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Human Cargo: A Journey Among Refugees

3.93 of 5 stars 3.93  ·  rating details  ·  150 ratings  ·  25 reviews
National Book Critics Circle Award Finalist

Traveling for nearly two years and across four continents, Caroline Moorehead takes readers on a journey to understand why millions of people are forced to abandon their homes, possessions, and families in order to find a place where they may, quite literally, be allowed to live. Moorehead's experience living and working with refu
Paperback, 416 pages
Published March 21st 2006 by Picador (first published March 3rd 2005)
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Reading ”Human Cargo” by Caroline Moorhead has changed me. She explains the history of refugees and their rights. Then she shows us what it means to live between countries by recounting the experiences of refugees as they leave their homelands, and arrive in foreign lands.

“Some stories are so heavy only silence helps you carry them” wrote Anne Michaels in “Fugitive Pieces.” These stories were so raw that I could only read a few pages of this book at a time.

Refugees from across the world explai
This book starts with a sometimes confusing race through the history of organisations tasked with the management of displaced people but the following chapter, which describes the plight of Africans crossing the Mediterranean in often perilous and fatal conditions, is very moving as is the description of the Mexico-US border and the risks, again often fatal, that people take to reach what they hope to be a better life on the other side of the fence. The chapter on Australia is an indictment of t ...more
Refugees and Asylum Seekers have become political footballs in recent years, this book traces the history of the UN High Commissioner for Refugees (UNHCR) and follows the conditions of people seeking asylum in the world today. There are some personal, tragic and horrific accounts of the violence and persecution that people flee from, and the bureaucratic morass and ill-feeling they encounter when they finally arrive at any given destination in search of, not just a better life, but some semblanc ...more
I read the hardcover version of this book which, for some reason, is nowhere on here. A very good and detailed look at refugees today. What it means to be a refugee, how a person becomes a refugee, and what other countries are doing about refugees. What was nice about this is that it has a lot of stories about actual refugees--how they came to be refugees and what their lives are like as refugees. And this is what is so heartbreaking. What is worse is that these stories are an unbelievably small ...more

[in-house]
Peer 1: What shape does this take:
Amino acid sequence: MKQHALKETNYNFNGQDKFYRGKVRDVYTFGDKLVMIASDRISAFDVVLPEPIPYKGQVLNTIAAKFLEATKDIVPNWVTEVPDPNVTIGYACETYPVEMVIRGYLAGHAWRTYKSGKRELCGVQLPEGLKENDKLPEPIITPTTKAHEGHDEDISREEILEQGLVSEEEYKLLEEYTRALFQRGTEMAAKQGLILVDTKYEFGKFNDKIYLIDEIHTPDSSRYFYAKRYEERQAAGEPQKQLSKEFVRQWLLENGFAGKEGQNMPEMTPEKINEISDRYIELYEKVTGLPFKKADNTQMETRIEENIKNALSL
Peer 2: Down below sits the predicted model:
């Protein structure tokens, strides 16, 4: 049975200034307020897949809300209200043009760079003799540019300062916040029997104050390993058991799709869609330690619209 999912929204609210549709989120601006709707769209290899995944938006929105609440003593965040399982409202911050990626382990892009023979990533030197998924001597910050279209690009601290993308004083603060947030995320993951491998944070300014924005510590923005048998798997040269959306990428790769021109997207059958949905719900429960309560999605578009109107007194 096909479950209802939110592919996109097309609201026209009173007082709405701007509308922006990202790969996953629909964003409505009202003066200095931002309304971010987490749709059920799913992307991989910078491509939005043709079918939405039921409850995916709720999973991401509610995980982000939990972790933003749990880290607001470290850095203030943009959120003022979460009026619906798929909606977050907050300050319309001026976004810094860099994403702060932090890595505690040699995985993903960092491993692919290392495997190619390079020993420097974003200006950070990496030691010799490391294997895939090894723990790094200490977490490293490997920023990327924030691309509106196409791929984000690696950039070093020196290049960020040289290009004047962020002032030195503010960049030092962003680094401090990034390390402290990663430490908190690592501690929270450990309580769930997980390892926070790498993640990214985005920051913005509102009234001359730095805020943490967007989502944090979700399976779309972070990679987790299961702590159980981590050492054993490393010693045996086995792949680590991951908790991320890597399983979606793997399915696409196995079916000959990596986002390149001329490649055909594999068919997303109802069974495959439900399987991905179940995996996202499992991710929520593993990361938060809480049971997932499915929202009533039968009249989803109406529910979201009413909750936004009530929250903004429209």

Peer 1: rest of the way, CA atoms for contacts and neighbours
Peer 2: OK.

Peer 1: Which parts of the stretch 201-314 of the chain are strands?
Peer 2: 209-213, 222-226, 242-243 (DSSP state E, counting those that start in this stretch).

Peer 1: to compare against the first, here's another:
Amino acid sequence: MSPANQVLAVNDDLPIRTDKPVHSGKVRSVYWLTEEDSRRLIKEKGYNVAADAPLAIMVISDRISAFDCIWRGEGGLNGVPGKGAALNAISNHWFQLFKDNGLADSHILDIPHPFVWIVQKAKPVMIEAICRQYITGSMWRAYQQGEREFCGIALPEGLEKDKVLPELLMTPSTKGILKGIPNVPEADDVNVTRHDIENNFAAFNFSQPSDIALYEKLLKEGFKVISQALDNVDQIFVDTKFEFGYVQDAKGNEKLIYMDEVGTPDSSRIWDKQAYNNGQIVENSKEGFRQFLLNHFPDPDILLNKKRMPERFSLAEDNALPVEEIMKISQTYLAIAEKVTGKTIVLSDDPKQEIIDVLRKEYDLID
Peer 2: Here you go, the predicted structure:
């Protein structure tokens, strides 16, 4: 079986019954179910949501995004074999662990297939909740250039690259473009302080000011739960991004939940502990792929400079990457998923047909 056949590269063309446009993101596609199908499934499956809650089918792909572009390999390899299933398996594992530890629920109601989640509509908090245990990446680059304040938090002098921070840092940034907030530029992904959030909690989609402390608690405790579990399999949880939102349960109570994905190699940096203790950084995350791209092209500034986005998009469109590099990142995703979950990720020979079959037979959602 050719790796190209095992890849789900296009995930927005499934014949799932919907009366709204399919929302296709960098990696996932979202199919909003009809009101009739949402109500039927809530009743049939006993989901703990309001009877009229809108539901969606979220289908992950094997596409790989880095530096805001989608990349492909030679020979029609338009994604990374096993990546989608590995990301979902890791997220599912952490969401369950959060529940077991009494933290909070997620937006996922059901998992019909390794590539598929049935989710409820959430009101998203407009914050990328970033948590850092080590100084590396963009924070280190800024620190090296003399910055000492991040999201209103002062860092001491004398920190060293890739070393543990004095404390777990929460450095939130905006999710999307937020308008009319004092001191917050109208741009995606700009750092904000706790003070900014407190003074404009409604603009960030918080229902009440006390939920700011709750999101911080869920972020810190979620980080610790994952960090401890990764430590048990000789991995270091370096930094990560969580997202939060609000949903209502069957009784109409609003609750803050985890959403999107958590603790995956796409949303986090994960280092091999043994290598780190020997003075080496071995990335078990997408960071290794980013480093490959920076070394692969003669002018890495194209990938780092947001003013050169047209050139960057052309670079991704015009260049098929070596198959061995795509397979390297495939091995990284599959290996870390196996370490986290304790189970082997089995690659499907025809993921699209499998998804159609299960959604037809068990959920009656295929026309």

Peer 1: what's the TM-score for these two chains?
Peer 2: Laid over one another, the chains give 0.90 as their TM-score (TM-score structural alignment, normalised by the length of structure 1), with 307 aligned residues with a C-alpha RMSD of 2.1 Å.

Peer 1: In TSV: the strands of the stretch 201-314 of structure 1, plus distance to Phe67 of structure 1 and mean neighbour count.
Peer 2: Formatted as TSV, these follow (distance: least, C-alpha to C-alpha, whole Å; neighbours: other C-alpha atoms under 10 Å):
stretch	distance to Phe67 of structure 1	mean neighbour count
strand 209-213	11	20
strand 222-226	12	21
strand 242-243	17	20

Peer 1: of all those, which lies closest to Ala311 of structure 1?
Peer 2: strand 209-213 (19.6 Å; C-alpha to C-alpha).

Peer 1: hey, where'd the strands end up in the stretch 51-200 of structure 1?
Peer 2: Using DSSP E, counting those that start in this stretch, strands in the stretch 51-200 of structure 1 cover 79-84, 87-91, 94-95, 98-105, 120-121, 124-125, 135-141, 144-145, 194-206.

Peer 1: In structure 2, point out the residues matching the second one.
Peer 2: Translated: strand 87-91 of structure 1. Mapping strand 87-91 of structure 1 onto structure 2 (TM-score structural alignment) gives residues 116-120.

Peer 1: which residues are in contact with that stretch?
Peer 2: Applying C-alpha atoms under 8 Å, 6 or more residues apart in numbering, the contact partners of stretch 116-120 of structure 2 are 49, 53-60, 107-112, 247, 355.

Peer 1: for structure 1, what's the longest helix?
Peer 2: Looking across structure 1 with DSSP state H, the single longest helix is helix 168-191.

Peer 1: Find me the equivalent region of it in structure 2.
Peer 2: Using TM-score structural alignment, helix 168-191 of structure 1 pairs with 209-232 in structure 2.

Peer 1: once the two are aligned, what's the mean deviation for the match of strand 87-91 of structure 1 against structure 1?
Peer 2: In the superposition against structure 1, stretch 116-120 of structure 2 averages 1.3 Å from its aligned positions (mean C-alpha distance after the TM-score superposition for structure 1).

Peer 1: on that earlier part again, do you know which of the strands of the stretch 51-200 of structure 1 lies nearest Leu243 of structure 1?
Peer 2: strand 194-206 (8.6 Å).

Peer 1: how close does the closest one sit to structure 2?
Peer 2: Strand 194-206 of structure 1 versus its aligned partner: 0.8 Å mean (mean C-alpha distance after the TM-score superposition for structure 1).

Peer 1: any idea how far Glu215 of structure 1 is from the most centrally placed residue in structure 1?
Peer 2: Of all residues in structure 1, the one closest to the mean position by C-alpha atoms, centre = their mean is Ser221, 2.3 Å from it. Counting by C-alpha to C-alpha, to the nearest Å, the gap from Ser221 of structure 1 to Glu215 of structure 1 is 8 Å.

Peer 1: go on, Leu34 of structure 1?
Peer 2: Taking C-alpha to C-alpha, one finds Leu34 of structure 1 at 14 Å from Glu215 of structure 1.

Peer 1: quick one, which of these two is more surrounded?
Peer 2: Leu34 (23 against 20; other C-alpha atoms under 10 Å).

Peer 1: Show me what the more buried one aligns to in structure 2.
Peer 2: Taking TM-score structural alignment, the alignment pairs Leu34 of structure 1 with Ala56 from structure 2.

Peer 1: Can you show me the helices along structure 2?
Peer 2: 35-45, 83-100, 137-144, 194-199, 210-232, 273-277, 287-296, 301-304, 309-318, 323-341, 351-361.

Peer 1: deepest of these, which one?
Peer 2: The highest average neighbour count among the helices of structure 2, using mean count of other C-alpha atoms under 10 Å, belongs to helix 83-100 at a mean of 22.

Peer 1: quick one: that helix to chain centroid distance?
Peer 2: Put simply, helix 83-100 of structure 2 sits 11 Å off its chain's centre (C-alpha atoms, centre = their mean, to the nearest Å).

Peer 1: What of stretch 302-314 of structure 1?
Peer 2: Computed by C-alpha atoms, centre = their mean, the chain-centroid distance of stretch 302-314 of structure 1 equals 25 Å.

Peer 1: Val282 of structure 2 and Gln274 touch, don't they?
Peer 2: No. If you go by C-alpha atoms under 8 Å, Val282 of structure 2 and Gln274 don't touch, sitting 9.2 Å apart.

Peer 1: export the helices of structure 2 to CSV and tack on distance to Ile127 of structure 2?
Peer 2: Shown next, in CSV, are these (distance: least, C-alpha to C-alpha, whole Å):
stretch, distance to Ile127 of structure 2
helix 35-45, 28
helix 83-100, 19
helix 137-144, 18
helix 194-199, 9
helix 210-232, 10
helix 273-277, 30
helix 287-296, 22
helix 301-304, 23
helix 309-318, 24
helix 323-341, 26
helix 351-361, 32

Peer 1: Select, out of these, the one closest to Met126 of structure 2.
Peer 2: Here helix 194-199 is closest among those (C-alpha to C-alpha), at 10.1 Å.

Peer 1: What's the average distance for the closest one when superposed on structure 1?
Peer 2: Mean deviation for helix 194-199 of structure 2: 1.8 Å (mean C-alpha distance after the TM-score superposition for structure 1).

DISGUSTED. Having come as a refugee in the US myself, I wanted to read this book, as I enjoyed C.Moorehead's other works. I was deeply appalled by hypocrisy and anti-Semitism in the chapter describing Palestinian camps. Not one word about acts of terror, suicide attacks, innocent people killed and maimed, and the only side being blamed for it all is Israel, and all of author's compassion lies with Palestinians. Meanwhile, the events on the ground tell us about "humanitarian" UNRWA activities, su ...more
Sheryl Mountenay
Lord. It is almost unbearable what people have to endure. Yet they do!

This book is a hard read, took me several days, but while unsettling, very informative and so well written. Well worth it.

The arbitrariness of birth determines so much. Lots to think about.
This book is brilliantly organized. The sections are broken down so that they follow the chronological process that refugees endure, from fleeing the country to adapting to their new "homes". Moorehead incorporates both the bigger picture and personal stories, but successfully avoids getting caught up in the trauma. (Of course these refugees have endured unimaginable suffering and sometimes abuse, but that's really not the point of this book.)

The writing is not the best - there are a handful of